Pioneering techniques that use satellites to monitor ocean acidification are set to revolutionise the way that marine biologists and climate scientists study the ocean.
This new approach, published today in the journal Environmental Science and Technology, offers remote monitoring of large swathes of inaccessible ocean from satellites that orbit the Earth some 700 km above our heads.
Each year more than a quarter of global CO2 emissions from burning fossil fuels and cement production are taken up by the Earth’s oceans. This process turns the seawater more acidic, making it more difficult for some marine life to live. Rising CO2 emissions, and the increasing acidity of seawater over the next century, has the potential to devastate some marine ecosystems, a food resource on which we rely, and so careful monitoring of changes in ocean acidity is crucial.
Researchers at PML, the University of Exeter, Institut Francais Recherche Pour L´Exploitation de la Mer (Ifremer), the European Space Agency (ESA) and a team of international collaborators are developing new methods that allow them to monitor the acidity of the oceans from space.
Dr Jamie Shutler from the University of Exeter who is leading the research said: “Satellites are likely to become increasingly important for monitoring ocean acidification, especially in remote waters. It can be both difficult and expensive to take year-round direct measurements in such inaccessible locations. We are pioneering this data fusion approach so that we can observe large areas of Earth's oceans, allowing us to quickly and easily identify those areas most at risk from increasing acidification.”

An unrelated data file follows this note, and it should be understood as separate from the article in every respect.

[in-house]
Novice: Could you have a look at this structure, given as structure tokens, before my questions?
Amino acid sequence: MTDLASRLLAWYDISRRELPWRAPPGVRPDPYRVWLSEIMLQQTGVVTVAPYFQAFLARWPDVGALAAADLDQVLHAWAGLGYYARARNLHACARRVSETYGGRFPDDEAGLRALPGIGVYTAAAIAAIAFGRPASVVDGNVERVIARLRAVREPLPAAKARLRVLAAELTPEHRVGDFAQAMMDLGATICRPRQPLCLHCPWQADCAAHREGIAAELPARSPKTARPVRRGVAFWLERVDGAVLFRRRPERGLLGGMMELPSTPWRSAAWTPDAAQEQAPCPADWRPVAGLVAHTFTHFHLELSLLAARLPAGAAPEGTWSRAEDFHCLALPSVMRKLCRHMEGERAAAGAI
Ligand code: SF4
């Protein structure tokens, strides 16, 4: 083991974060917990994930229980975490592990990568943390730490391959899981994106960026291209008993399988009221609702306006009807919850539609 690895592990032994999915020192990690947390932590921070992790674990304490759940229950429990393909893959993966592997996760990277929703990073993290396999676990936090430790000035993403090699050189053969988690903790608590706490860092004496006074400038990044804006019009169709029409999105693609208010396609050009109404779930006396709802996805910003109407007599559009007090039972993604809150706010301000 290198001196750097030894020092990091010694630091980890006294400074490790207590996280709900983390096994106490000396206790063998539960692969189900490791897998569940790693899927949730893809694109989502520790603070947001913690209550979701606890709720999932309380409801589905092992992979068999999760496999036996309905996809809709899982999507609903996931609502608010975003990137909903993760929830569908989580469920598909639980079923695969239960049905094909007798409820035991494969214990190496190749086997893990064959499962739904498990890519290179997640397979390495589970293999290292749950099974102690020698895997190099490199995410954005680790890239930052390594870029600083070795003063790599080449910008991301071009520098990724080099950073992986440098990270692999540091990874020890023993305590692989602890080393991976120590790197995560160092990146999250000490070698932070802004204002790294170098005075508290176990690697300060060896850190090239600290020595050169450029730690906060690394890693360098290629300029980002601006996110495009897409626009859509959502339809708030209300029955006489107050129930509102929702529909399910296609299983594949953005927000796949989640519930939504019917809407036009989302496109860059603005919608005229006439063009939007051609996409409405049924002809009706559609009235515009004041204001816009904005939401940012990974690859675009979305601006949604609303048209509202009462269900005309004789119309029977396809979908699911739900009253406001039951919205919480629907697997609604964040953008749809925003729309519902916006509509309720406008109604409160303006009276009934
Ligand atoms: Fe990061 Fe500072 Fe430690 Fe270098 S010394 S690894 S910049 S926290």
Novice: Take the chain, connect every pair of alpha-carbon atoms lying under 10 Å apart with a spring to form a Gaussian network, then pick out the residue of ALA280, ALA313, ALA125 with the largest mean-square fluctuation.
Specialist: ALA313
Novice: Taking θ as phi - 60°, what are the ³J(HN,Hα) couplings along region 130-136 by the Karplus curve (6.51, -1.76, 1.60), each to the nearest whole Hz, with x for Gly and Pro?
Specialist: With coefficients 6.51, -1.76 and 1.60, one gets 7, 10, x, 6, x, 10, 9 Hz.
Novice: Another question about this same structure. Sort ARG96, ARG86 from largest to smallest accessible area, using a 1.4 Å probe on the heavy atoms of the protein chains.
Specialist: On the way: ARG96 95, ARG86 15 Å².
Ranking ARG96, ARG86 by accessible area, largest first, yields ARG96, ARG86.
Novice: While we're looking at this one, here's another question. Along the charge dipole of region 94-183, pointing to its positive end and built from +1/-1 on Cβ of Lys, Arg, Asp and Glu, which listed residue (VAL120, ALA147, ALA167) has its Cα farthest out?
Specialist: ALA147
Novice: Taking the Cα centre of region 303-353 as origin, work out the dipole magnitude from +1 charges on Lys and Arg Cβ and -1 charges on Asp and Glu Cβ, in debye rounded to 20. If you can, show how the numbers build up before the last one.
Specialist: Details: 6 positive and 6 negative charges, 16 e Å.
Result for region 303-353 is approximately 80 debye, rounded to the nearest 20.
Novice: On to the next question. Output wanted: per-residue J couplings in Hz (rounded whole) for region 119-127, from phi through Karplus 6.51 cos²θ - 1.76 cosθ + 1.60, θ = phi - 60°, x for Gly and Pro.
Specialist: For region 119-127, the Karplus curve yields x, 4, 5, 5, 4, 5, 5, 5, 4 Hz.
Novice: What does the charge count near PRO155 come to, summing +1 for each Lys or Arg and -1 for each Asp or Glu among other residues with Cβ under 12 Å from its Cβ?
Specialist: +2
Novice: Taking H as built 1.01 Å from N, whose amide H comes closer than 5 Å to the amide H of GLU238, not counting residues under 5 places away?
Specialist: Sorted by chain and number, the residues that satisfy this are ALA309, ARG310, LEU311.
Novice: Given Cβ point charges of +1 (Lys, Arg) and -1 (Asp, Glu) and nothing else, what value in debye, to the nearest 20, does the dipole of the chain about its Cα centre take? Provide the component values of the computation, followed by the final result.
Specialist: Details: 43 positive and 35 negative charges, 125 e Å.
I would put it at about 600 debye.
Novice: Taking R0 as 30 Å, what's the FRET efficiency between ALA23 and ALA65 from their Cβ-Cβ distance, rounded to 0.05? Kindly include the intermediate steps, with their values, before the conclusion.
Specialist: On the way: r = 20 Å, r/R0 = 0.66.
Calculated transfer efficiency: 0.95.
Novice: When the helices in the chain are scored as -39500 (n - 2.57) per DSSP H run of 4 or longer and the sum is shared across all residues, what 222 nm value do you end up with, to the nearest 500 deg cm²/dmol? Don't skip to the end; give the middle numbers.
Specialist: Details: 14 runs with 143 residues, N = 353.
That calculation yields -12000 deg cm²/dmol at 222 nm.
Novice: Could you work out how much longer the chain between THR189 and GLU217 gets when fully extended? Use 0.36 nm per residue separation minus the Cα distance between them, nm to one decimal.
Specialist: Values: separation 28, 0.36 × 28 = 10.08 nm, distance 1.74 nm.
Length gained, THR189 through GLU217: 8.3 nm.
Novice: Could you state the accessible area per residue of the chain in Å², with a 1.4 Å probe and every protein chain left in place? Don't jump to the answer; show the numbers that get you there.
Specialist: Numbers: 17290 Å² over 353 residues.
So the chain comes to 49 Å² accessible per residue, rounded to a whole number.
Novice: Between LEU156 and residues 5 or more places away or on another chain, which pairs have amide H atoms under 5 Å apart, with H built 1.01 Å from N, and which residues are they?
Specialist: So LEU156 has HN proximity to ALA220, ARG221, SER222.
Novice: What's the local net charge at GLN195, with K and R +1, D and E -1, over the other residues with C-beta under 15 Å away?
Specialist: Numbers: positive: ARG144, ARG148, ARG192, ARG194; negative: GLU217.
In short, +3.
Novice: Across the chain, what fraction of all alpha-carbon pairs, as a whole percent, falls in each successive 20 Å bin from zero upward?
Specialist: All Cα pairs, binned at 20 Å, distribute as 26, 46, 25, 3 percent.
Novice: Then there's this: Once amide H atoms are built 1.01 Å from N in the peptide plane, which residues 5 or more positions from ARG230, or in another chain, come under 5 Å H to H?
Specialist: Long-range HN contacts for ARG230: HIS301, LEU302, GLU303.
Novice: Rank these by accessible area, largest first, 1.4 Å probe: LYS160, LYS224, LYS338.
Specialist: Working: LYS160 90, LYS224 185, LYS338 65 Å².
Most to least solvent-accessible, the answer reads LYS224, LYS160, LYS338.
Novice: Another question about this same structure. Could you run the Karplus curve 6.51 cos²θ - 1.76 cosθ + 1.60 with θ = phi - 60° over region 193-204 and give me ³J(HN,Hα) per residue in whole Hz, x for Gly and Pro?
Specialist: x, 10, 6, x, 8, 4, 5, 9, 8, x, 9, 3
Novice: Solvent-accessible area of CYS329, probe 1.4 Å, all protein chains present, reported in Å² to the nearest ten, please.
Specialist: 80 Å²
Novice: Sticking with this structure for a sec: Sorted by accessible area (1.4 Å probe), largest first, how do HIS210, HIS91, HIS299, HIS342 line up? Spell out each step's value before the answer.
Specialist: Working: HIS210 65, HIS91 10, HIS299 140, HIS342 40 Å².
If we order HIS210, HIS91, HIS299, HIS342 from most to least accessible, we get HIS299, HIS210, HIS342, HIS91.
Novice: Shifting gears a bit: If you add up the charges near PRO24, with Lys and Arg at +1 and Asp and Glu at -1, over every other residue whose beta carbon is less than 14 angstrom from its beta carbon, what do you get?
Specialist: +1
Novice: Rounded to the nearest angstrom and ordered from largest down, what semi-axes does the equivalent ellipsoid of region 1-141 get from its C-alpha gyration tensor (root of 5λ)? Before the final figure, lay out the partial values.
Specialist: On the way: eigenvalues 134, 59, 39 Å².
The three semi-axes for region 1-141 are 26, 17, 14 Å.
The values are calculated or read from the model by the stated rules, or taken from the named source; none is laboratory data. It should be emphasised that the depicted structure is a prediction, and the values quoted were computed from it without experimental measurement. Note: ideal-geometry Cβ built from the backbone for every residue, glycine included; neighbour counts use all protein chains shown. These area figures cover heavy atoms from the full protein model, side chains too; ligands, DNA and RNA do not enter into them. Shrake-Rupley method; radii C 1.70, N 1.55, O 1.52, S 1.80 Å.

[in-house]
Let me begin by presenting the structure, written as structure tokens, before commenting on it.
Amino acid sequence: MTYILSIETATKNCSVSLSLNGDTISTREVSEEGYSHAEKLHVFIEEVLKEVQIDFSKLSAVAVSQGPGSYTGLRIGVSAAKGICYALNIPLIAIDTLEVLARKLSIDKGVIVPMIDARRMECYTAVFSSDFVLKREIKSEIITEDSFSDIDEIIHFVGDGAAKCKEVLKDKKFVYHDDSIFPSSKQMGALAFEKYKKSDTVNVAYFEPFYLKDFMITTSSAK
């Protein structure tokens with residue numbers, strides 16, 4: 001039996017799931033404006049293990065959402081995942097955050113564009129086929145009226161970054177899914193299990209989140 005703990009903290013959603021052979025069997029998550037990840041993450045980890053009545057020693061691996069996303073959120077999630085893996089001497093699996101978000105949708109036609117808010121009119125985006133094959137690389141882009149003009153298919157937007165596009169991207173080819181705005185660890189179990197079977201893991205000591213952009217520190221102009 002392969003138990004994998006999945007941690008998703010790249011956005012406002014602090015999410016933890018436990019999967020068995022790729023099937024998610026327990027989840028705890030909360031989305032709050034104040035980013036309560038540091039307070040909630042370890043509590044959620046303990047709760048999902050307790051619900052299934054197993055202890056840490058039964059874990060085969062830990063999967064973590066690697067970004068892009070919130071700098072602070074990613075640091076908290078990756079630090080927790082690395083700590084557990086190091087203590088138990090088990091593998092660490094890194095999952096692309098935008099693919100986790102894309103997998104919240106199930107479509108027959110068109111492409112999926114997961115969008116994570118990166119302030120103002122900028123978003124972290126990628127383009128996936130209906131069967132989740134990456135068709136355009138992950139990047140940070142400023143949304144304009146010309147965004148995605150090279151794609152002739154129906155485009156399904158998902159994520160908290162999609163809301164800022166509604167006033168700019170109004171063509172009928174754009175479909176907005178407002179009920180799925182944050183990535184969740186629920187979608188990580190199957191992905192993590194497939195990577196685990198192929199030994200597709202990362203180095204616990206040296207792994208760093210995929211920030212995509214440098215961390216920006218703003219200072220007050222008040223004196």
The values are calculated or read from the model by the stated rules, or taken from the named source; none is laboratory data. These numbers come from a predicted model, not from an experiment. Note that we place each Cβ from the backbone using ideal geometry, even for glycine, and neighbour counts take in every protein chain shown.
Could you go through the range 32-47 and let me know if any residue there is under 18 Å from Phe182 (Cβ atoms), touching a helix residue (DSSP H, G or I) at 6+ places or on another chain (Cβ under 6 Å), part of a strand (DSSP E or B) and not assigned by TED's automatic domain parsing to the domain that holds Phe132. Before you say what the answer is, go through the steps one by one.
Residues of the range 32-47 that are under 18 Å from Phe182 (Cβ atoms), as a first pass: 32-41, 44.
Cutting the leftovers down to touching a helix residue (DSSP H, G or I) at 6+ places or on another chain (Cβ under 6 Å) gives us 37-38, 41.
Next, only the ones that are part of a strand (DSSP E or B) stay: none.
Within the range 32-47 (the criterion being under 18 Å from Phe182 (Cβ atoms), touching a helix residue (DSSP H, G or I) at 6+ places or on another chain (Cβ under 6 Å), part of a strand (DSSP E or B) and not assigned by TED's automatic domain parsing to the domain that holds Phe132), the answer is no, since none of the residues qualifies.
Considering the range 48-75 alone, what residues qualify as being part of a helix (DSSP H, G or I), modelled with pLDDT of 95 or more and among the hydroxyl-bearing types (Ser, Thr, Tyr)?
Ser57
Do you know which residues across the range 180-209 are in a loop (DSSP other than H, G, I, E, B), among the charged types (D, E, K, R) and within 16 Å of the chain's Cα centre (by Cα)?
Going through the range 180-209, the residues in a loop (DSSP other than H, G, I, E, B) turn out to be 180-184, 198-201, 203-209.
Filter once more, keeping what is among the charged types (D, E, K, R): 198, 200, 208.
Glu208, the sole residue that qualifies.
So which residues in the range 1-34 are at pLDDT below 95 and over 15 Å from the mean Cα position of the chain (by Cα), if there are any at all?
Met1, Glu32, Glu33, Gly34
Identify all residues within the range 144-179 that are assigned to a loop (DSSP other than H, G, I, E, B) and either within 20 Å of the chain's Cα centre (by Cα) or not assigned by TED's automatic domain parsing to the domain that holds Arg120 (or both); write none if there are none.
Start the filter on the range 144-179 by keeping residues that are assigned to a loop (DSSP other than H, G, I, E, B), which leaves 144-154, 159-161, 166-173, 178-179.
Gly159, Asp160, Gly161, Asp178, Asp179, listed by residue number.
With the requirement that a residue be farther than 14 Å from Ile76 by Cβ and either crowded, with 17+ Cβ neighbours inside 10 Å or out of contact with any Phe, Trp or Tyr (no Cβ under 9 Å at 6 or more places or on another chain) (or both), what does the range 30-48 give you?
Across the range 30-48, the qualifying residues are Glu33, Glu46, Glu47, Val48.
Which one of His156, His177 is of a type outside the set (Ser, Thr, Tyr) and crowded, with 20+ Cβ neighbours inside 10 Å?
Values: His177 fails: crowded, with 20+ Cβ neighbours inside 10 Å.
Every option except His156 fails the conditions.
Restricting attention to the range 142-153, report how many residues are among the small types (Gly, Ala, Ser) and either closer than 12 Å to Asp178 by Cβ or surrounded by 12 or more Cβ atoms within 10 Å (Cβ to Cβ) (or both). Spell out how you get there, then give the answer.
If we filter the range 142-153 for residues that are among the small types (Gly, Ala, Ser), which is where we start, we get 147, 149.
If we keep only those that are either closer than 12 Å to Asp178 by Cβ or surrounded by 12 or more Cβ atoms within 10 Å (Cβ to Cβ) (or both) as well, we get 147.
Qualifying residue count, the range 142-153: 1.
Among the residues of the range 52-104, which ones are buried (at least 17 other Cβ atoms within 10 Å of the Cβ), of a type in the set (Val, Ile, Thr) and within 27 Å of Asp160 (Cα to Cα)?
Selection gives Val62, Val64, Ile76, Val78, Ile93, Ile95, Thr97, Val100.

Current methods of measuring temperature and salinity to determine acidity, though highly accurate, are restricted to in situ instruments and measurements taken from research vessels. This approach limits the sampling to small areas of the ocean, as research vessels are very expensive to run and operate.
The new technique use satellite mounted thermal cameras to measure ocean temperature while microwave sensors measure the salinity. Together these measurements can be used to assess ocean acidification more quickly and over much larger areas than has been possible before.
PML scientist Dr Peter Land, who is lead author of the paper, said: “In recent years, great advances have been made in the global provision of satellite and in situ data. It is now time to evaluate these new data sources to help us understand ocean acidification, and to establish where remotely-sensed data can make the best contribution.”
A number of existing satellites can be used for the task; these include the European Space Agency Soil Moisture and Ocean Salinity (SMOS) sensor that was launched in 2009 and NASA’s Aquarius satellite that was launched in 2011.
The development of the technology and the importance of monitoring ocean acidification are likely to support the development of further satellite sensors in the coming years.
Image right: Total alkalinity from space (click image to enlarge). Red indicates higher alkalinity and, therefore more resilient to acidification than the blue areas, which highlight areas of lower alkalinity. Courtesy of Ifremer/ESA/CNES.